A new report from the Governor’s Highway Safety Association is getting lots of press today because some reporters, rather bizarrely, have tried to blame the increase in pedestrian deaths in 2010 on First Lady Michelle Obama’s anti-obesity campaign.
Yes, you read that right. See the original piece in The Examiner and the followup in the Daily Caller.
The reporters in question posit that perhaps the increase in the number of pedestrians struck by cars last year, after four years of decline, is because people are out exercising more, choosing to walk when possible instead of hopping in the car. TBD has a good post in which the GHSA’s executive director, Barbara Harsha, explaining that she never said that at all. The group isn’t sure exactly what caused the uptick in deaths—and they certainly can’t pin it on Michelle Obama’s “Let’s Move” initiative.
And as TBD’s Dave Jamieson aptly concludes, “If the ‘Let’s Move’ campaign is so effective that herds of inexperienced joggers are suddenly getting run over, then we need to put Mrs. Obama in charge of more nationwide initiatives, starting with the economic recovery.”
But here’s what blows my mind in all the buzz: It all blames those who have the audacity to travel by foot. They’ve been brainwashed by the First Lady, and they’re too absorbed in their cell phones and iPods to get out of the way of oncoming traffic. There seems to be no attention to those doing the running-over. The report actually notes that “both drivers and pedestrians are increasingly distracted by cell phones and other portable electronic devices,” while stopping short of attributing blame for the increase to any one cause.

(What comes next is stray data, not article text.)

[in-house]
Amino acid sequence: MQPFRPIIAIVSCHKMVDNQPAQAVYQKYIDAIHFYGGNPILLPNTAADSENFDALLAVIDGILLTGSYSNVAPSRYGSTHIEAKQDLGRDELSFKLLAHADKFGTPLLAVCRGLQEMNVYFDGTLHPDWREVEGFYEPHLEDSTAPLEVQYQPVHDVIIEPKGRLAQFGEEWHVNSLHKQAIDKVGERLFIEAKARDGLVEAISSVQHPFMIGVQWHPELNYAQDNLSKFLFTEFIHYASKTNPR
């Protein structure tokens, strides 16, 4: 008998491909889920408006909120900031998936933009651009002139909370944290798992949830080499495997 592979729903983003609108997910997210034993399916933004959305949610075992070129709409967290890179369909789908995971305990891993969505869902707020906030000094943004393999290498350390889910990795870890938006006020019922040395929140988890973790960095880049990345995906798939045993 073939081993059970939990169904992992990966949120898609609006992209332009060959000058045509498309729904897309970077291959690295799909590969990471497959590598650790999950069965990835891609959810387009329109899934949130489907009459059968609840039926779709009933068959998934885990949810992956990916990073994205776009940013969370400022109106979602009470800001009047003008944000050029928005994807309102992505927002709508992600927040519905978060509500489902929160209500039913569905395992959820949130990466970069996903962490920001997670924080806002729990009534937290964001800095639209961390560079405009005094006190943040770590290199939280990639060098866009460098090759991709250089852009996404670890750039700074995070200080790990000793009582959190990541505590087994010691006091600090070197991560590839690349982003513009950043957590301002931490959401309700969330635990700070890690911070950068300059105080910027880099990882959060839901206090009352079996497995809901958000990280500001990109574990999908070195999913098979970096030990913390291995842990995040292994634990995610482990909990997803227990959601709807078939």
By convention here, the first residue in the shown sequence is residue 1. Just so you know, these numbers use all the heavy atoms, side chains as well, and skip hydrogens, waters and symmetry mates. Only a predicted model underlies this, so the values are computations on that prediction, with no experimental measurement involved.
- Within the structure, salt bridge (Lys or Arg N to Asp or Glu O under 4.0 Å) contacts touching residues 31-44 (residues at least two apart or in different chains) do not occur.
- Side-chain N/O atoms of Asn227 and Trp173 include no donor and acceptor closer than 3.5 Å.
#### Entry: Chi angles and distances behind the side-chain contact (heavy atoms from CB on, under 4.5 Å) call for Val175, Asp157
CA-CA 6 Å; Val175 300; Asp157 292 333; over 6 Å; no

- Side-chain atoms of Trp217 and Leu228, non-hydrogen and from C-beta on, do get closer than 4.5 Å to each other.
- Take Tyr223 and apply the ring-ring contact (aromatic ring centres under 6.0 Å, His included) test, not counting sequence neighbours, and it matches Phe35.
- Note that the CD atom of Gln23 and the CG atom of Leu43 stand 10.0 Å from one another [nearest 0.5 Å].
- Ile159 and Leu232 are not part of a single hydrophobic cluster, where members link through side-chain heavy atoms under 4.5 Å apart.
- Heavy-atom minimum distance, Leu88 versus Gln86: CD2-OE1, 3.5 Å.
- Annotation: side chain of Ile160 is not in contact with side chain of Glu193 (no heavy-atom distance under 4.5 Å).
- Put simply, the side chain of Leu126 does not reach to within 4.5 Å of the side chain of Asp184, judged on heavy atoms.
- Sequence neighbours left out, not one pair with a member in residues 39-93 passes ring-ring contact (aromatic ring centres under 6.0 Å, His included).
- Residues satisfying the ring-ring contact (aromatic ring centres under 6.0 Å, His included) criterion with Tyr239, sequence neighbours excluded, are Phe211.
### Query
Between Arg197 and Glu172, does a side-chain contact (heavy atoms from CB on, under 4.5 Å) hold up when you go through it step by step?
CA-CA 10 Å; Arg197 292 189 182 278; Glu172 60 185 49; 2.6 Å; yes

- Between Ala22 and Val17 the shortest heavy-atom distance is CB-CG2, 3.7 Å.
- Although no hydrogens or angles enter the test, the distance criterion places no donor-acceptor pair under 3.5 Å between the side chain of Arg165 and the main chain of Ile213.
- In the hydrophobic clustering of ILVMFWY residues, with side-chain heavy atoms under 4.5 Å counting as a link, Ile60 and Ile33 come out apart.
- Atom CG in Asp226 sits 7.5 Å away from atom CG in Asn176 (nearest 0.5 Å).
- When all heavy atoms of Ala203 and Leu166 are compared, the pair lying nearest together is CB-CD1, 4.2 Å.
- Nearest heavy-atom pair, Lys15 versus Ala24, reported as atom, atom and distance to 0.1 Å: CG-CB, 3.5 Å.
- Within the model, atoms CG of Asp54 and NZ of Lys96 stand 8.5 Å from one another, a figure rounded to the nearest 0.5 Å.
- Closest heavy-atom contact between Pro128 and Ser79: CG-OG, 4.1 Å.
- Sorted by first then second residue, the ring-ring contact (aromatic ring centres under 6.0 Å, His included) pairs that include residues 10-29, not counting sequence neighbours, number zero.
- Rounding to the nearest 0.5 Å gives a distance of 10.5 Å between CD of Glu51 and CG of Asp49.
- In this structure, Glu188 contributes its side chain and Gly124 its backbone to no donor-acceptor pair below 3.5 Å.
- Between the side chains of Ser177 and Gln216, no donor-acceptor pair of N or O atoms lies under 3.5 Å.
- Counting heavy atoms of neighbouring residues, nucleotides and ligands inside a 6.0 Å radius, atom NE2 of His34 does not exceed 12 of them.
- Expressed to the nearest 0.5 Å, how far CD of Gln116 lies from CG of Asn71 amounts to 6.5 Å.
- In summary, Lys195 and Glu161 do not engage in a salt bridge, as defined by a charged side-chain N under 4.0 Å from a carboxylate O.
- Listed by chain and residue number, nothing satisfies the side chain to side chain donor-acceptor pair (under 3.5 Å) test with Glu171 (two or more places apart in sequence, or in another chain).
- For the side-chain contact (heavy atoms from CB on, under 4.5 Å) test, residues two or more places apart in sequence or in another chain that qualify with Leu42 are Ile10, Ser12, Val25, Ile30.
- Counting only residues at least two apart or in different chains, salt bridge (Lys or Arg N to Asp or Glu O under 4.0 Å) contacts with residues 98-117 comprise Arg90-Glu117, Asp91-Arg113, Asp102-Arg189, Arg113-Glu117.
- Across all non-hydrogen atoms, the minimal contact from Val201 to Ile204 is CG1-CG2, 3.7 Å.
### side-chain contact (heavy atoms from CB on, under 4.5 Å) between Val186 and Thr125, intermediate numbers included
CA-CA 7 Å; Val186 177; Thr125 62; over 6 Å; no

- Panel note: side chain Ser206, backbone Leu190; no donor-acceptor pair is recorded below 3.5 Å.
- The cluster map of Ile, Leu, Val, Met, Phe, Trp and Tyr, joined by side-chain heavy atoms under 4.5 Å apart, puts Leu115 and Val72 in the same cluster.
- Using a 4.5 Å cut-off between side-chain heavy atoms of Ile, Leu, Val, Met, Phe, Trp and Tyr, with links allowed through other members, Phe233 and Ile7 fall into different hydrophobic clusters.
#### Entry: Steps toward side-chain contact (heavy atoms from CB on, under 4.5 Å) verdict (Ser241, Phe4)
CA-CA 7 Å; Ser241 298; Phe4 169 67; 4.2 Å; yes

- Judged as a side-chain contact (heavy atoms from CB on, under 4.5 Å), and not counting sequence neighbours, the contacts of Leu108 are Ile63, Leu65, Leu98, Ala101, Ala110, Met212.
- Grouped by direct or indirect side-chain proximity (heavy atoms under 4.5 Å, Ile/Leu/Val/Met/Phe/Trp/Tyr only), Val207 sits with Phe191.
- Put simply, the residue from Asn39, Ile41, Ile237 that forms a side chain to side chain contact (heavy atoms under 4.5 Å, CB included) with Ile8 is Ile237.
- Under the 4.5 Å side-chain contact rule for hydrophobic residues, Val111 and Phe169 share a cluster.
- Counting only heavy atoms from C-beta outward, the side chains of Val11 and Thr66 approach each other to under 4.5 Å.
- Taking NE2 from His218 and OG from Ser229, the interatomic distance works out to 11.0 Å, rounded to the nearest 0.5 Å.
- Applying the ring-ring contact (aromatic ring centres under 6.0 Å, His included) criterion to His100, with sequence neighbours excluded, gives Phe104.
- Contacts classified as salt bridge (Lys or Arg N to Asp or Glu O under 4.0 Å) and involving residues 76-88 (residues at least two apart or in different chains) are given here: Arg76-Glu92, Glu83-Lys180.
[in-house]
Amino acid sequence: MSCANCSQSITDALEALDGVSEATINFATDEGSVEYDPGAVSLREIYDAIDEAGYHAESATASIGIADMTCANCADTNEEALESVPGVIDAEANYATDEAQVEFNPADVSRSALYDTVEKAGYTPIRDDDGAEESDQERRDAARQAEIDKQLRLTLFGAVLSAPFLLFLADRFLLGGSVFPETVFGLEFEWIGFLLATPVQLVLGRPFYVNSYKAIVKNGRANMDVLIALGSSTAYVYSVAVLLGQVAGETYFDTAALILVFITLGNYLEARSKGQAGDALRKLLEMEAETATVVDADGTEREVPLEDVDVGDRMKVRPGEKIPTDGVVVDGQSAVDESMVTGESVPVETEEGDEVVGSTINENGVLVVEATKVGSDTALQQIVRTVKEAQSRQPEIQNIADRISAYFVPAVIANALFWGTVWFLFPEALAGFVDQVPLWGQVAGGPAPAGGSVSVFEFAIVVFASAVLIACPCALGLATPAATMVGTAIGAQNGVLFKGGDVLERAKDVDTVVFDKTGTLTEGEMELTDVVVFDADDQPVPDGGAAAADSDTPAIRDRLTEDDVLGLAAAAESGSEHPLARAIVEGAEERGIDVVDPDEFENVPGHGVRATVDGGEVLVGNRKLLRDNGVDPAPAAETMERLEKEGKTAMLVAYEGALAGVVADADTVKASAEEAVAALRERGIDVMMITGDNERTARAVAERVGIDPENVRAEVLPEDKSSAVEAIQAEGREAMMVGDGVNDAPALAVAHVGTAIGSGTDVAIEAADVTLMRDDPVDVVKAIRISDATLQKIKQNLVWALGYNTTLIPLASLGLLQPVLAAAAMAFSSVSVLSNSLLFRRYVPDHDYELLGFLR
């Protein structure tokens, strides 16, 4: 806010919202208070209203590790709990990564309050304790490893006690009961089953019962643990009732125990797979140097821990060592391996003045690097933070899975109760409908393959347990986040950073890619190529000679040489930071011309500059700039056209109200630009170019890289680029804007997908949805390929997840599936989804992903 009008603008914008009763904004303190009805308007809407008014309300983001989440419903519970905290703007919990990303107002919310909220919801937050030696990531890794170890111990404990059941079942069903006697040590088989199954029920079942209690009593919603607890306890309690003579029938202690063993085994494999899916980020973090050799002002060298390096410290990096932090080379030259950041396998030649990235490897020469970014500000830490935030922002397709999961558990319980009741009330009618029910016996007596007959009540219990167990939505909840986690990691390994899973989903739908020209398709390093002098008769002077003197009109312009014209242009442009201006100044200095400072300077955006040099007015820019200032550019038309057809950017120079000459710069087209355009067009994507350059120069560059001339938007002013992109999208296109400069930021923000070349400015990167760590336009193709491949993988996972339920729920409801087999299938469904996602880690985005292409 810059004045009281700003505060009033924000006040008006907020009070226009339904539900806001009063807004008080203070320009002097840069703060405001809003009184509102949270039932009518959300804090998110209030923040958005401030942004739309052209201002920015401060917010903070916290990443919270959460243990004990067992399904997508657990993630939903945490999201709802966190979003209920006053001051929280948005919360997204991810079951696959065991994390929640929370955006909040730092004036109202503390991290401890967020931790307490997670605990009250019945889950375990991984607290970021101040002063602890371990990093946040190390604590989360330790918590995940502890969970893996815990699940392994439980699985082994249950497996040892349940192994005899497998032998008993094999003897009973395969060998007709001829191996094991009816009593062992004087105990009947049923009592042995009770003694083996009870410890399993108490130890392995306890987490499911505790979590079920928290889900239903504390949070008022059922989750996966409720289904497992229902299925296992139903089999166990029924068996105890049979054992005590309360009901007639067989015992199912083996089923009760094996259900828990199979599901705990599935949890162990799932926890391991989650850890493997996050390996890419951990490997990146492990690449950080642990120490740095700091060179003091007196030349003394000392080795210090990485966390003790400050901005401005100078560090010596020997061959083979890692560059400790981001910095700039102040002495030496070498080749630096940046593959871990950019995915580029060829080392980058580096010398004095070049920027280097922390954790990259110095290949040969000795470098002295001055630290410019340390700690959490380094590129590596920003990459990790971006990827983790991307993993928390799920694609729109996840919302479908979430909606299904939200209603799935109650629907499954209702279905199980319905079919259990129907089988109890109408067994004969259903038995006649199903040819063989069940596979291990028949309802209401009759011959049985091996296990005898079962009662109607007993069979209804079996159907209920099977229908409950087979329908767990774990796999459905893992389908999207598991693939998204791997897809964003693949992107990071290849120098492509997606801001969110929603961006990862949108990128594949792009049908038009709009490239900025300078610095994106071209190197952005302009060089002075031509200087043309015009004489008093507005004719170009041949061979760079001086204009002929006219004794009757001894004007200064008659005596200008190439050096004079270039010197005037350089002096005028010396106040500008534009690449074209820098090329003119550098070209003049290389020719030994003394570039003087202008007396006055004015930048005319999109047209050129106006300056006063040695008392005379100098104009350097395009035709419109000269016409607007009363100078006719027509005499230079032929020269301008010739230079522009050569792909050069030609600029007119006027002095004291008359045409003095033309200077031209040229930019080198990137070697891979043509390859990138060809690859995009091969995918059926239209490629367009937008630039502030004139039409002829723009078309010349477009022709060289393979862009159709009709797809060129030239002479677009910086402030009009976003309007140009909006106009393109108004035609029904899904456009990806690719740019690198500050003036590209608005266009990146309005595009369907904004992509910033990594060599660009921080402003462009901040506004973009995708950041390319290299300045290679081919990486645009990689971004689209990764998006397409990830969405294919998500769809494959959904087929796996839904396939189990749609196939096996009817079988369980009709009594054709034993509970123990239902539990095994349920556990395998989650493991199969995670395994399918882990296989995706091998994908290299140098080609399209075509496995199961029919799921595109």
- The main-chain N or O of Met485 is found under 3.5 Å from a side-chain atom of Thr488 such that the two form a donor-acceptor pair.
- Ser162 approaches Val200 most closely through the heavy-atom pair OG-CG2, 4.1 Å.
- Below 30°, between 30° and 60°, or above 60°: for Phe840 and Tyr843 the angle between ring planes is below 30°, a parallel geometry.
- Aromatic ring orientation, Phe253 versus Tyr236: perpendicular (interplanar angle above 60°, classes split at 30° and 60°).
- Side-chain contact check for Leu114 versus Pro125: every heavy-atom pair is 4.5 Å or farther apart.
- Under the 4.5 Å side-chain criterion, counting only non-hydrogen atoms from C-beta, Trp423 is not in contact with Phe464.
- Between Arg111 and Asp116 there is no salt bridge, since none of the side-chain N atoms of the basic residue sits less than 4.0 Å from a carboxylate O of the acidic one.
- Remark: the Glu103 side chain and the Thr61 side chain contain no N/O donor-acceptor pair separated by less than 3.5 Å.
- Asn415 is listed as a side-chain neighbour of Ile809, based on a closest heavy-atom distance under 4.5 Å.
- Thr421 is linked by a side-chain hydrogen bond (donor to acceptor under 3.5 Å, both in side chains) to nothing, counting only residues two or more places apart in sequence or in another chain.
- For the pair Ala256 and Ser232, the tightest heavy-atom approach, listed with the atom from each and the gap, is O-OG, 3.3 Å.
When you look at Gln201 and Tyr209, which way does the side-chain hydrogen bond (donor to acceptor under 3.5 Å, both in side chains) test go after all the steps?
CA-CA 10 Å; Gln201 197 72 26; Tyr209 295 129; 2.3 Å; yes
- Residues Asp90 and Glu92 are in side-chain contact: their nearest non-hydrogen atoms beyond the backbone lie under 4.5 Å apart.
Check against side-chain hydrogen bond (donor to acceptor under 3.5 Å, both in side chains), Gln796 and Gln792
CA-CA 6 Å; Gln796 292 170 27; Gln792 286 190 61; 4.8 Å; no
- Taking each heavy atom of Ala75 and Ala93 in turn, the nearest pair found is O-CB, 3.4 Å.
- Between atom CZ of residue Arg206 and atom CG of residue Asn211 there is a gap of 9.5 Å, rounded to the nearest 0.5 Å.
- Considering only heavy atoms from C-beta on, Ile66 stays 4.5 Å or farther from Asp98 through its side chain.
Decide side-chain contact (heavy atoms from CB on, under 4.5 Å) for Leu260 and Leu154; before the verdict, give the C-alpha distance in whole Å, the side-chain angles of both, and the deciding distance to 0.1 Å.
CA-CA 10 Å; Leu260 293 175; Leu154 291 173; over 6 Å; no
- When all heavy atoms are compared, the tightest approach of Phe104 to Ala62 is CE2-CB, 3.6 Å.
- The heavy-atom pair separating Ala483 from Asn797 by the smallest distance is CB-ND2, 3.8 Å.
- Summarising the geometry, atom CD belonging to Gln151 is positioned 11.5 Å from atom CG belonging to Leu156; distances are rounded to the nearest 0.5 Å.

The real problem may be that we just don’t have transportation infrastructure designed for those traveling by foot. “Unfortunately for pedestrians, many roadways are designed for motor vehicles,” the report explains, citing this anecdote from the state agency in Nevada:
Like many other places in the southwest, the road network in Clark County consists of arterials that are designed as six lanes with intersections jumping to eight lanes. In urban area that bisects freeways or beltways, intersection can be as large as 12 lanes! Streets are flat with wide lanes that are comfortable for speed and there are few places marked for pedestrians to cross the street. On major arterial streets the norm is to have nowhere for up to a mile stretch for pedestrians to safely cross the street.
The report’s recommendations focus on this problem—not on, say, convincing the public not to exercise. Suggestions include consideration of pedestrians in the state’s highway safety plan, installing pedestrian crosswalks and signals that would “reserve roadway space and time for pedestrians,” and strengthening state laws to require vehicles to stop—rather than just yielding—to pedestrians in crosswalks. Those might actually prevent some pedestrian deaths and obesity.